How to Hit 10k Steps Per Day When Telecommuting

How to Hit 10k Steps Per Day When Telecommuting

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Our content director works from home and finds it's not easy to get in 10,000 steps a day, but she knows what it takes to get there, and she's ready to share.

By way of introduction, I work from home, full time. I’ve worked full-time staff from home for years, and for lots of other companies besides Withings. I’m not a hermit, I’m super social, it’s just the way things have worked out. And while I love my co-workers (it’s always awesome when I visit the offices), I also really dig working from home. I love the time it saves me, how little distraction there is, and how I’m part of my community. My neighbors know that if they have a package coming, I’m the gal who will make sure it doesn’t get stolen/rained on.

But that said, even though I save time, I have almost no activity baked into my day. I get dressed (no, I don’t work in my pajamas), I put on makeup (just enough not to scare Paris or Boston on Skype or Google Hangouts), and then I sit down to work. It’s usually very early in the morning—much earlier than people who actually need to show up in an office or don’t need to chat with another continent.

And I sit.

And sit some more.

I don’t even go out for lunch. I have leftovers or I make myself something simple. Then I walk the dog when he scratches me. Then I sit more. Since there’s no place I must go, and since I’ve got tons of things I need and want to get done for work, I am immobile—my own worst boss.

At the end of my work day, I feel super about my work, and then I look at the activity dial on my (warning: product plug coming) Steel HR Sport, and I’m horrified.

I realize that without the dog, my muscles would atrophy and I might grow moss on my north side. Because on a typical workday, I can be at <2000 steps at 6PM.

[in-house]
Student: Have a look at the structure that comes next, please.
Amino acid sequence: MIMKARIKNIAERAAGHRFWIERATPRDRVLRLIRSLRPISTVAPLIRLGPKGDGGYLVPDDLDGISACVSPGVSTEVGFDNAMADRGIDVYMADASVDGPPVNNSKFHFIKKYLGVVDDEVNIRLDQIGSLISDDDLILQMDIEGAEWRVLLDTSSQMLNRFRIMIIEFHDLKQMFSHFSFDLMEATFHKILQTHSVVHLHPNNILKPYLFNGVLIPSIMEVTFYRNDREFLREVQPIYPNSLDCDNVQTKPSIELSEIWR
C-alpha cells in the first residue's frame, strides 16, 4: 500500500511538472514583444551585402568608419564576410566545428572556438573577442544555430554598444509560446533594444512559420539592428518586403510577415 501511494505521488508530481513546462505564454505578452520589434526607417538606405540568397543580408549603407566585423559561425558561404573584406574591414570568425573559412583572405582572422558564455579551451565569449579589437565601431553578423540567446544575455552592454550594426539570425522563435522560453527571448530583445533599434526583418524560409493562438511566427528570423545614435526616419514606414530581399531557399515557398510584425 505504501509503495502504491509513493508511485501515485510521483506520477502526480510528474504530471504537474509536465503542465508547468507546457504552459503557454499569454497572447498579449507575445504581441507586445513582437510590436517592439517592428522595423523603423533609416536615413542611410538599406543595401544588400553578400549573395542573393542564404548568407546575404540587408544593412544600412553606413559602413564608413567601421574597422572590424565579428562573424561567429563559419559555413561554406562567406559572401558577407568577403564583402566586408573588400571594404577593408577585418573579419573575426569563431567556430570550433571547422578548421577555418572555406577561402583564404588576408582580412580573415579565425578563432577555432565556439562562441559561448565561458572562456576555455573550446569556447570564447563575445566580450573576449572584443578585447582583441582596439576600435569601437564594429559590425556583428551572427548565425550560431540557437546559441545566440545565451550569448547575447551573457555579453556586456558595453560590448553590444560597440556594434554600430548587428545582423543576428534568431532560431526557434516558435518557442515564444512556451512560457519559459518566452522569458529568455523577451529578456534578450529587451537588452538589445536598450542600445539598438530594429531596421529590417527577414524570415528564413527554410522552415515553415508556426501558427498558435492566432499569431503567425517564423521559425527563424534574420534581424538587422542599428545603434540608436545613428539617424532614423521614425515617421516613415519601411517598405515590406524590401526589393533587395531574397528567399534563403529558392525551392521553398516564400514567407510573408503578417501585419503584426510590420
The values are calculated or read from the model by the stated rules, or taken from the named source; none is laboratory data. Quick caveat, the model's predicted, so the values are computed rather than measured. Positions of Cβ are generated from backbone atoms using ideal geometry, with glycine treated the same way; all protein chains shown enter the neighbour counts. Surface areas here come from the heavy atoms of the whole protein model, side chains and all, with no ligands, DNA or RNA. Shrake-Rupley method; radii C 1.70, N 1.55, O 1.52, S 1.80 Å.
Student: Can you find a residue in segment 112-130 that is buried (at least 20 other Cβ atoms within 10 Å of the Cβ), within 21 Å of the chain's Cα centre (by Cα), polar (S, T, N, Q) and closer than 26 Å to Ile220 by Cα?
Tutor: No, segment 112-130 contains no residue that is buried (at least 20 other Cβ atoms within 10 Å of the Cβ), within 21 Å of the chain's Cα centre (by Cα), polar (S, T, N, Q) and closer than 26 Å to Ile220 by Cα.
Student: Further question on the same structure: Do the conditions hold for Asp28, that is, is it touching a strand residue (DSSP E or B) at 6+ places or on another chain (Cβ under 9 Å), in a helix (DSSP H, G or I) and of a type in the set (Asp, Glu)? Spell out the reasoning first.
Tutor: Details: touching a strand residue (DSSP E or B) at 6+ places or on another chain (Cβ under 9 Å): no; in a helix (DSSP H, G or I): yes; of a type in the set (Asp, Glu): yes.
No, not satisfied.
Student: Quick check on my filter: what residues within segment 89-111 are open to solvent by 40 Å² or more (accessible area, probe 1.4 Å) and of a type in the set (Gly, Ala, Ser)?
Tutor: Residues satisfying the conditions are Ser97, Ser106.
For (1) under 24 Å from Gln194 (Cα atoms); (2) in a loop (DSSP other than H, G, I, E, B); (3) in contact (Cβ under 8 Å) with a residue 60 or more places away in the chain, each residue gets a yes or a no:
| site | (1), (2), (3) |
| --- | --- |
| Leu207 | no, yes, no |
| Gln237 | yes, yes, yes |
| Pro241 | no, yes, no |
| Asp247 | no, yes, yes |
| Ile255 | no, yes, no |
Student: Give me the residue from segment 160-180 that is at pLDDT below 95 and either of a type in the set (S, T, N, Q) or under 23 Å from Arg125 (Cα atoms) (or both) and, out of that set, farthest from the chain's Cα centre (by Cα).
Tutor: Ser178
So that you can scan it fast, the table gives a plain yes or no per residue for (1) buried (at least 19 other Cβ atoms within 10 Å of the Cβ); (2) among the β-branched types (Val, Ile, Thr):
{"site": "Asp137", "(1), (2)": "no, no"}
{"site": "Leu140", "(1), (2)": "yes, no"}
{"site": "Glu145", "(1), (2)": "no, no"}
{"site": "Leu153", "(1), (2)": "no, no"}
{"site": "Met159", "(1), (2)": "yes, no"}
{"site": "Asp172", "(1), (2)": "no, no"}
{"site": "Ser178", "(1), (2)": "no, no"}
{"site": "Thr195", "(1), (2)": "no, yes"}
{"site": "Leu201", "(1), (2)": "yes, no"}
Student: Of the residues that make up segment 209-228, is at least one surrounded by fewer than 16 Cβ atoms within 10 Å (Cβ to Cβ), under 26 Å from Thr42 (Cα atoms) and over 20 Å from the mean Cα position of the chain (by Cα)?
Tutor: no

And when I get that little activity, it’s really hard to sleep. My mind is racing and my body won’t shut off. Our data studies back up my experience. More exercise leads to better sleep, and better sleep = better health.

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In contrast, my husband, pictured here enjoying a weekend (while I try to get an Instagram-worthy shot of his Steel HR), goes to work in a typical office. He walks about 25 minutes to the ferry, then he walks a few blocks to the office, and does the same on the way home. He also often goes out of the building to grab lunch. He also walks the dog at night, but he makes at least 10,000 steps every weekday without even trying. It’s super annoying.

In this other study we did about the secret to making 10,000 steps a day, we found that people who regularly make their goal do it Monday-Friday. Yup, just like my man. He also never has weight gain, and he eats a lot (and not just because I’m an awesome cook).

How to make your step goal less remote when you're a remote worker

When I realized how little I was moving, and how bad I was feeling, and how the scale number was creeping up, I made a change. I can’t say I do it every day, but most days, yes, I cracked the code. I found I must consciously bake activity into the day.